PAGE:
by Written on behalf of Wise Health Law April 19, 2018 5 min read

In a recent decision, the Information and Privacy Commissioner (IPC) upheld a hospital’s decision to refuse to correct a patient’s health records and remove what the patient perceived as incorrect and inaccurate information that had led to the patient having his driver’s license suspended. The IPC noted that a request for correction should not be used to substitute or rewrite a physician’s opinion or observations about a patient.

What Happened?

The patient in question attended the emergency room at the Royal Victoria Regional Health Centre (RVH). Based on the information provided to physicians on-call during the visit, the physicians reported the patient to the Ministry of Transportation (MTO) which resulted in the suspension of the patient’s drivers license. The patient subsequently requested RVH to make certain corrections to his personal health information (PHI) under the Personal Health Information Protection Act(PHIPA). The patient was specifically concerned about the use of certain phrases or diagnoses which he believed were incorrect and misleading. In response to the patient’s request, RVH issued a decision advising the patient that the three physicians who had made the initial diagnoses reviewed his request for corrections and that his request was denied under s. 55(9)(b) of PHIPA because “the information consists of a professional opinion or observation that a custodian has made in good faith”. The patient filed a complaint with the IPC.

The IPC’s Decision

The IPC upheld RVH’s decision not to make the requested corrections to the patient’s record. The IPC found that s.55(9)(b) applied and the hospital was not required to correct this information.

Requested Corrections under s.55 of PHIPA

Section 55 of PHIPA permits a patient who has access to their health information to request that a health information custodian correct their record “if the individual believes that the record is inaccurate or incomplete for the purposes for which the custodian has collected, uses or has used that information”. The purpose of this provision is to impose a duty on health information custodians to correct any records that are inaccurate or incomplete, subject to the exceptions set out in s.55(9) (including the good faith professional opinion exception). Under s. 55(8), in order for a right of correction to be granted, the patient seeking the correction must establish that the record is incomplete or inaccurate for the purposes for which the custodian uses the information and must provide the information necessary to correct the record. Once the patient establishes this, the question becomes whether any of the exceptions in s.55(9) apply. Where a custodian claims that s.55(9)(b) applies, that custodian must establish that the information at issue consists of a “professional opinion or observation” about the patient. If this is established, the responsibility shifts again to the patient seeking the correction to show that the professional opinion or observation was not made in good faith. Where the professional opinion or observation exception is ultimately found to apply, it is irrelevant whether the patient in question has shown that the information in question is incorrect or inaccurate, since a finding that this exception applies will resolve the complaint.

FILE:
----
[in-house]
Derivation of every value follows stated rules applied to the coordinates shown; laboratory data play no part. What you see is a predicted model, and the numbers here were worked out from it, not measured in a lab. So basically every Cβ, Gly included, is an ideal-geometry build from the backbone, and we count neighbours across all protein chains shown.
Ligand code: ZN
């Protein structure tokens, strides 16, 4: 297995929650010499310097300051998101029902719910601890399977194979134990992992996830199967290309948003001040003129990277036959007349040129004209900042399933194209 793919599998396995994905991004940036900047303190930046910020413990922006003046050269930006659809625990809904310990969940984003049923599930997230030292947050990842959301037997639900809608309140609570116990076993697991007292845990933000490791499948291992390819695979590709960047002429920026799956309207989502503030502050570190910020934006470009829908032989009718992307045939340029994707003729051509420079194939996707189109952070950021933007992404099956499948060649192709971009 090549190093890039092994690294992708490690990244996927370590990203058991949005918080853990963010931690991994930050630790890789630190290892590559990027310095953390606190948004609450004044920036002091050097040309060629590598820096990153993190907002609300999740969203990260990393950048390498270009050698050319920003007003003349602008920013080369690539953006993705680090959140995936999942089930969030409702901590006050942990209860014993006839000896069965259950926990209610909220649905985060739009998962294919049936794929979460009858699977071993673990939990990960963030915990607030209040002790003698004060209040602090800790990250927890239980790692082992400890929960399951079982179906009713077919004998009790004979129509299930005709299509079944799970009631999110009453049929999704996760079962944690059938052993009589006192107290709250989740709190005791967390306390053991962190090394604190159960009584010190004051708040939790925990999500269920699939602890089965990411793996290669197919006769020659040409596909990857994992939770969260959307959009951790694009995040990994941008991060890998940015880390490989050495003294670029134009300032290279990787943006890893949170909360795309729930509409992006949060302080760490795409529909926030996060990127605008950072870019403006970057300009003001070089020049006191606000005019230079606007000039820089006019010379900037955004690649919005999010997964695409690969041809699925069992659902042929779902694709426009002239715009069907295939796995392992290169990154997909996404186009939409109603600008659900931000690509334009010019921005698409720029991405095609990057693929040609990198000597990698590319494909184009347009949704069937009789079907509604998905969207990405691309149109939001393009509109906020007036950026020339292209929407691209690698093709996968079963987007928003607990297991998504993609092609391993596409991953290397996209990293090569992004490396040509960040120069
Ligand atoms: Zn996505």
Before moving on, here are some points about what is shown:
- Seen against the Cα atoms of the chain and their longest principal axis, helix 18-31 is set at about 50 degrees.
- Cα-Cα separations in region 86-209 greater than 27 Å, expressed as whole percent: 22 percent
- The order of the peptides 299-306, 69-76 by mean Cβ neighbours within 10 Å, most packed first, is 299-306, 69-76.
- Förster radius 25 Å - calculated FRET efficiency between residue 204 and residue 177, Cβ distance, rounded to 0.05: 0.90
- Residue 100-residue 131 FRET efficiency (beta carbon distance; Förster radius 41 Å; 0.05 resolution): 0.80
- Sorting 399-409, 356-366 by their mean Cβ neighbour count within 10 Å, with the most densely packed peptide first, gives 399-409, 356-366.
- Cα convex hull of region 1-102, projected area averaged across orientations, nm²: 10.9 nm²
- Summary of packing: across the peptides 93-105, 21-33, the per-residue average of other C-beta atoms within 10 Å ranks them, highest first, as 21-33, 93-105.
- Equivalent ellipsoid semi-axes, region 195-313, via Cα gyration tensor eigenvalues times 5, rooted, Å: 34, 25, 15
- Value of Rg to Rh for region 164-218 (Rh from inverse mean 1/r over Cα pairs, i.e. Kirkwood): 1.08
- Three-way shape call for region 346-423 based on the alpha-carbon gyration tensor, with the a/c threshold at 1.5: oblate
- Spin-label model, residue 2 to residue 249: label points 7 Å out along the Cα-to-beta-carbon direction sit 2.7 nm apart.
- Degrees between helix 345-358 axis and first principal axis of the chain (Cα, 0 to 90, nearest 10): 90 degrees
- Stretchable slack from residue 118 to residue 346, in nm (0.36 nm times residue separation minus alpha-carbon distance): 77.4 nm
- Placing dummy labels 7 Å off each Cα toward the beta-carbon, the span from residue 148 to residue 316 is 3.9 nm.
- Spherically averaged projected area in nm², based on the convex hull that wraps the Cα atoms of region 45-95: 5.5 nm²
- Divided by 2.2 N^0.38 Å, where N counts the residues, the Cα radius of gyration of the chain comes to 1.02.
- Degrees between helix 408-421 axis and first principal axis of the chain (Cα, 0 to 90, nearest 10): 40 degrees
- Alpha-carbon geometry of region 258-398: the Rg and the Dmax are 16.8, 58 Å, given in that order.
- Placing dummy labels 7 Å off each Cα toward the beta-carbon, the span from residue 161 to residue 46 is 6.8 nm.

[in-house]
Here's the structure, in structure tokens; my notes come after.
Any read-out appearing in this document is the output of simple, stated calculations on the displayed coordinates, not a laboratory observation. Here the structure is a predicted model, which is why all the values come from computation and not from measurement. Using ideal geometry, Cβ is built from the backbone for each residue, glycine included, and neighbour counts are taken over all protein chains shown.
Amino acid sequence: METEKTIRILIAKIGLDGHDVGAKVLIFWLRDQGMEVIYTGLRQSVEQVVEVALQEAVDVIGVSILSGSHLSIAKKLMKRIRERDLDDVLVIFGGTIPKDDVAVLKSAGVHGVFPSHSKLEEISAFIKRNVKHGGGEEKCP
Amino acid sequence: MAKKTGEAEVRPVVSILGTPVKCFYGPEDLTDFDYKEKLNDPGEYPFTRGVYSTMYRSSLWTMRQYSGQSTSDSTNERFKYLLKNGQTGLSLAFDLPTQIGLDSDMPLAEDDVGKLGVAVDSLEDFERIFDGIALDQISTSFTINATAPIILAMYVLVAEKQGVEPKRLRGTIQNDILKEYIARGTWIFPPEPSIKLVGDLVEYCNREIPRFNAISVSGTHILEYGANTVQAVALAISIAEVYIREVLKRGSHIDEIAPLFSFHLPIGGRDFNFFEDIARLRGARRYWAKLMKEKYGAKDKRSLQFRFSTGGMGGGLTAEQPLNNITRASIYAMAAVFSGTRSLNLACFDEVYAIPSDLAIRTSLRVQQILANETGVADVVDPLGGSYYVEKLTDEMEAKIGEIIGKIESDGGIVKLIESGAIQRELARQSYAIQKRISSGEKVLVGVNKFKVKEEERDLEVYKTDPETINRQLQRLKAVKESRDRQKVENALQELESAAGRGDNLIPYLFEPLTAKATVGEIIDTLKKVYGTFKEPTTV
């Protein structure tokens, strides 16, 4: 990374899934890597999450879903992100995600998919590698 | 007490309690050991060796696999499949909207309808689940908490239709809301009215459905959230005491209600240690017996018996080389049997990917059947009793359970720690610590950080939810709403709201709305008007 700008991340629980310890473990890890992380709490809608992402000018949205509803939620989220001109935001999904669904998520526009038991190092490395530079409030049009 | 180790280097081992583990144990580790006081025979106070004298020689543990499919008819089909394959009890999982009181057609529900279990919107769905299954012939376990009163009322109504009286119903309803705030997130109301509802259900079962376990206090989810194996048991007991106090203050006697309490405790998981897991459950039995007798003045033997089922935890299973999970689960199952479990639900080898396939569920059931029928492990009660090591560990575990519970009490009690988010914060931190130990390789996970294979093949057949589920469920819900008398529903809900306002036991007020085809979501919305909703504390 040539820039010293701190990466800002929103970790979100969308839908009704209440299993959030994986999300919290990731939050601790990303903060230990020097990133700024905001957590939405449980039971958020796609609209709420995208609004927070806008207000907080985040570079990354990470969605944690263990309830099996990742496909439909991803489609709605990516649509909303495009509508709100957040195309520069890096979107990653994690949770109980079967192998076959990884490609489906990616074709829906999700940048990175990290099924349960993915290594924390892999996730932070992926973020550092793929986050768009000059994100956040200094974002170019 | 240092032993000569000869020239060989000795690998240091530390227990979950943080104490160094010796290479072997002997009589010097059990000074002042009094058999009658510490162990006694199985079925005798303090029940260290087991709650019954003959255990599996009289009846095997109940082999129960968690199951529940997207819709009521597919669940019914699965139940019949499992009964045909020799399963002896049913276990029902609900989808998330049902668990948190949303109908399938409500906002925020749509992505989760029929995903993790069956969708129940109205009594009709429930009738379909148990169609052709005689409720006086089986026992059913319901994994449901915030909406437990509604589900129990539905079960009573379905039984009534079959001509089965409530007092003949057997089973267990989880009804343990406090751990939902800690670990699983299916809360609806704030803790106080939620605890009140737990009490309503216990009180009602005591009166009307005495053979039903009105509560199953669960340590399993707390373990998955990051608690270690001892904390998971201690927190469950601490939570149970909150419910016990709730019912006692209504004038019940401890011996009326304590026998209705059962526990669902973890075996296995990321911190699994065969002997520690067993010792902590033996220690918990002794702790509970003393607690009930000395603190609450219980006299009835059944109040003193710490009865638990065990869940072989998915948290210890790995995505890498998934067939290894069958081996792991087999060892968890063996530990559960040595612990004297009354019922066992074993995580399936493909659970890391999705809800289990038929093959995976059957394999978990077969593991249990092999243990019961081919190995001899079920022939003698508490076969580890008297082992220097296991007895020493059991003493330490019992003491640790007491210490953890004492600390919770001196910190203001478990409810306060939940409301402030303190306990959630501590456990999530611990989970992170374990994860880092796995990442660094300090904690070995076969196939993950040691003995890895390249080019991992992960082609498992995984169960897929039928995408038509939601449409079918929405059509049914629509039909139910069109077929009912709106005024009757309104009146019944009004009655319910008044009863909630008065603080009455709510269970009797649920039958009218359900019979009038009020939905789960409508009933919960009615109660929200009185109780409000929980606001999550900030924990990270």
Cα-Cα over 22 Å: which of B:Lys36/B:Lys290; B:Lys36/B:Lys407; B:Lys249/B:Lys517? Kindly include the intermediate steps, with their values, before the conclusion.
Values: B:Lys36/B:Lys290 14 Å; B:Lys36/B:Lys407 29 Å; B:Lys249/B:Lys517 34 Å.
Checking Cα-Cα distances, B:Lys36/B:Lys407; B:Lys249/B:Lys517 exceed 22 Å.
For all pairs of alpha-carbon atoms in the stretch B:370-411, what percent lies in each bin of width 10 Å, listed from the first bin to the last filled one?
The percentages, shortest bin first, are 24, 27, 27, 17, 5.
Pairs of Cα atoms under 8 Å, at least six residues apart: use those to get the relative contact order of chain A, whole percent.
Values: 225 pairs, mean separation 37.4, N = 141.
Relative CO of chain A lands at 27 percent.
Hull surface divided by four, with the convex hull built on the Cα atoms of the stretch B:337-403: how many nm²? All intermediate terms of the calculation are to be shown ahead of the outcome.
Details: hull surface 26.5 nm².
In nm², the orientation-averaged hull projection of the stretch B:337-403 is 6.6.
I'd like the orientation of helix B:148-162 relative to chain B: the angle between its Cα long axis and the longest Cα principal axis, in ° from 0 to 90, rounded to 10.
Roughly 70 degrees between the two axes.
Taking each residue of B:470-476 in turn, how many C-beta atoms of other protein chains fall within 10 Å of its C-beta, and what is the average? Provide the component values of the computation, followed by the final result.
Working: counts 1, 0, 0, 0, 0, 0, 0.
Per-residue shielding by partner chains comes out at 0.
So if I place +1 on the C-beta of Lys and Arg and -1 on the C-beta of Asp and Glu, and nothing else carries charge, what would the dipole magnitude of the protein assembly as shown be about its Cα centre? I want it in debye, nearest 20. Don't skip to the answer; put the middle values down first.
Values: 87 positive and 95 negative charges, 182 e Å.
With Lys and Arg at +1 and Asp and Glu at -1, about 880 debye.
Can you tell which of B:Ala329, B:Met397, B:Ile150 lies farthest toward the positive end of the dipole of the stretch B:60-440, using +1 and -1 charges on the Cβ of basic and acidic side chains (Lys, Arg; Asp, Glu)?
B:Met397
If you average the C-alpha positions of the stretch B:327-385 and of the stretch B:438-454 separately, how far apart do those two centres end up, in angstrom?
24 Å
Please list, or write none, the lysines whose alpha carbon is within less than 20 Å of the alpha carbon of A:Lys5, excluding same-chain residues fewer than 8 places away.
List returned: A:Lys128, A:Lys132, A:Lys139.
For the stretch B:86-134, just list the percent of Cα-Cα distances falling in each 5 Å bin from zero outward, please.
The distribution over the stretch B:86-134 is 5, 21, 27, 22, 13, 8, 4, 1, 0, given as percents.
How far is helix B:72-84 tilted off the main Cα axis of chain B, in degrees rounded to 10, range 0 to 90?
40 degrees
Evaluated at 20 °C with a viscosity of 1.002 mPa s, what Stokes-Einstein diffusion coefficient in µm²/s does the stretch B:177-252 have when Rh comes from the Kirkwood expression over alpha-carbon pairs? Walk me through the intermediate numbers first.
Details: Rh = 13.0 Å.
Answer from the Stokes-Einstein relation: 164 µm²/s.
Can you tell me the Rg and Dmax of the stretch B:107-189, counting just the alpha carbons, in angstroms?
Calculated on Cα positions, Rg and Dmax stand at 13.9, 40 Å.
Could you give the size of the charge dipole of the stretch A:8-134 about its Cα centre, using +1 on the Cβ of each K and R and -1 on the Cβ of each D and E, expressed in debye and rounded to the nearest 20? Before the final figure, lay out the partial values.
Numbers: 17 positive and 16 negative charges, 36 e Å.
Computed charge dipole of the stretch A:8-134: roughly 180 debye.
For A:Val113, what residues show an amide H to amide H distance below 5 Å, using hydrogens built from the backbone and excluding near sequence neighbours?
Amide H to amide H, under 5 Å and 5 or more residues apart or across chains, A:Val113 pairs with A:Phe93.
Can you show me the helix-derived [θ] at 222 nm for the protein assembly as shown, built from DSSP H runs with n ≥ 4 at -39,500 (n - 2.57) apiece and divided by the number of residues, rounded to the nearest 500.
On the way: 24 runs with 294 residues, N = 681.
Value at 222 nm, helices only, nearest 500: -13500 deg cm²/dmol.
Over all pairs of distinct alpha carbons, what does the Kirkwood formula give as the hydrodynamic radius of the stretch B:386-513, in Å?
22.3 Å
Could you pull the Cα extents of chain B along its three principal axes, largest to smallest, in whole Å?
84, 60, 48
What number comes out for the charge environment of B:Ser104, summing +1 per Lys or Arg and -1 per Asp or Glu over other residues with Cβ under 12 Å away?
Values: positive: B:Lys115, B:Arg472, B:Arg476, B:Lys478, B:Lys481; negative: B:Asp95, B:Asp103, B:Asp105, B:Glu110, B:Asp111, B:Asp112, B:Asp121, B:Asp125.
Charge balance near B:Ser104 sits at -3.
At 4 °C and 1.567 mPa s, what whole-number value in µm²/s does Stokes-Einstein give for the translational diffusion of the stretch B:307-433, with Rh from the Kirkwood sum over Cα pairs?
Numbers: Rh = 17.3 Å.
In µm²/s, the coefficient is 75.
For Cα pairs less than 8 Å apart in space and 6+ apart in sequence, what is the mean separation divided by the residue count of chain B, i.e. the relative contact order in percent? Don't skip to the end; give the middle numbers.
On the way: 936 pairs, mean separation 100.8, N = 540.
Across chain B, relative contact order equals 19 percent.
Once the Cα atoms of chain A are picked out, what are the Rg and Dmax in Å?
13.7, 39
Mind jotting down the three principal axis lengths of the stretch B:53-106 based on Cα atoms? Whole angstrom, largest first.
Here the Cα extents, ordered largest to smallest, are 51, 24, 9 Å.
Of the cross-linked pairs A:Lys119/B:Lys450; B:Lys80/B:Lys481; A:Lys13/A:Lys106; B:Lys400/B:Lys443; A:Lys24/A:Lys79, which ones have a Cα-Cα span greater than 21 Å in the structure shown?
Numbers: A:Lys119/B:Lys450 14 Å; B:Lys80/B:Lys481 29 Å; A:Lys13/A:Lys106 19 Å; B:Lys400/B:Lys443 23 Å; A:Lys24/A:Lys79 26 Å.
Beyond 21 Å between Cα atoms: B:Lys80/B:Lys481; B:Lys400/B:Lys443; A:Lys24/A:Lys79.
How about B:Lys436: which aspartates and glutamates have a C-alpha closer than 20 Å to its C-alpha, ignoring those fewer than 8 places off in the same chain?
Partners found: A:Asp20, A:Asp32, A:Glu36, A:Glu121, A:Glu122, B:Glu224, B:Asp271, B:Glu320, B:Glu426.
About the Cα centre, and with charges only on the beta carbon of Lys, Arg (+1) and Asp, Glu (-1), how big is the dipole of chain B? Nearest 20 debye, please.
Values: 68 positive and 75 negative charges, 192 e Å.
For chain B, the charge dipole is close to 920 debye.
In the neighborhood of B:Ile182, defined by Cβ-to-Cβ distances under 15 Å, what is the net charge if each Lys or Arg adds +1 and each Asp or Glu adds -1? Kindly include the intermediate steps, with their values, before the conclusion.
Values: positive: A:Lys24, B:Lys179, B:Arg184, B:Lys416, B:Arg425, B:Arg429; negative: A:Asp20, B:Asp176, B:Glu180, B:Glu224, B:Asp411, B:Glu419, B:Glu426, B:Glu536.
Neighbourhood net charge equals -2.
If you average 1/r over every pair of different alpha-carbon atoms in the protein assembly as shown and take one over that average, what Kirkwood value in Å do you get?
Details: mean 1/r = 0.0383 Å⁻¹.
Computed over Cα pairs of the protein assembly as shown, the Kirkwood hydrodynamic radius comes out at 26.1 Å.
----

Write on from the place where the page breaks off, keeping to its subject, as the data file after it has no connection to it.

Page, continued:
The Patient’s Position

The patient argued that he had met the threshold needed for corrections to be made, based on the materials he had filed with his complaint (which consisted of written comments, annotated copies of the records in question, and correspondence to various physicians, including those identified in the records). The patient disputed that the cause of the medical event that led to his admission to RVH. The patient attributed the medical event to the use of a medication that he was taking at the time, that medication’s interaction with something he had consumed, and its interaction with a blood infection that he was suffering from. The patient also disputed the veracity of a separate diagnosis of his cognition that had been included in his medical history. The patient believed that the physicians had improperly attributed the cause of the medical event to a personal habit which he denies he participates in. The patient sought, among other things, the removal of the incorrect information, and the addition of details which he believed would better explain the cause of the medical event that resulted in his ER visit. With respect to the professional opinion or observation exception claimed by RVH, the patient asserted that the physicians had not acted professionally as they had not tested him to determine the real cause of his symptoms and “made assumptions instead”.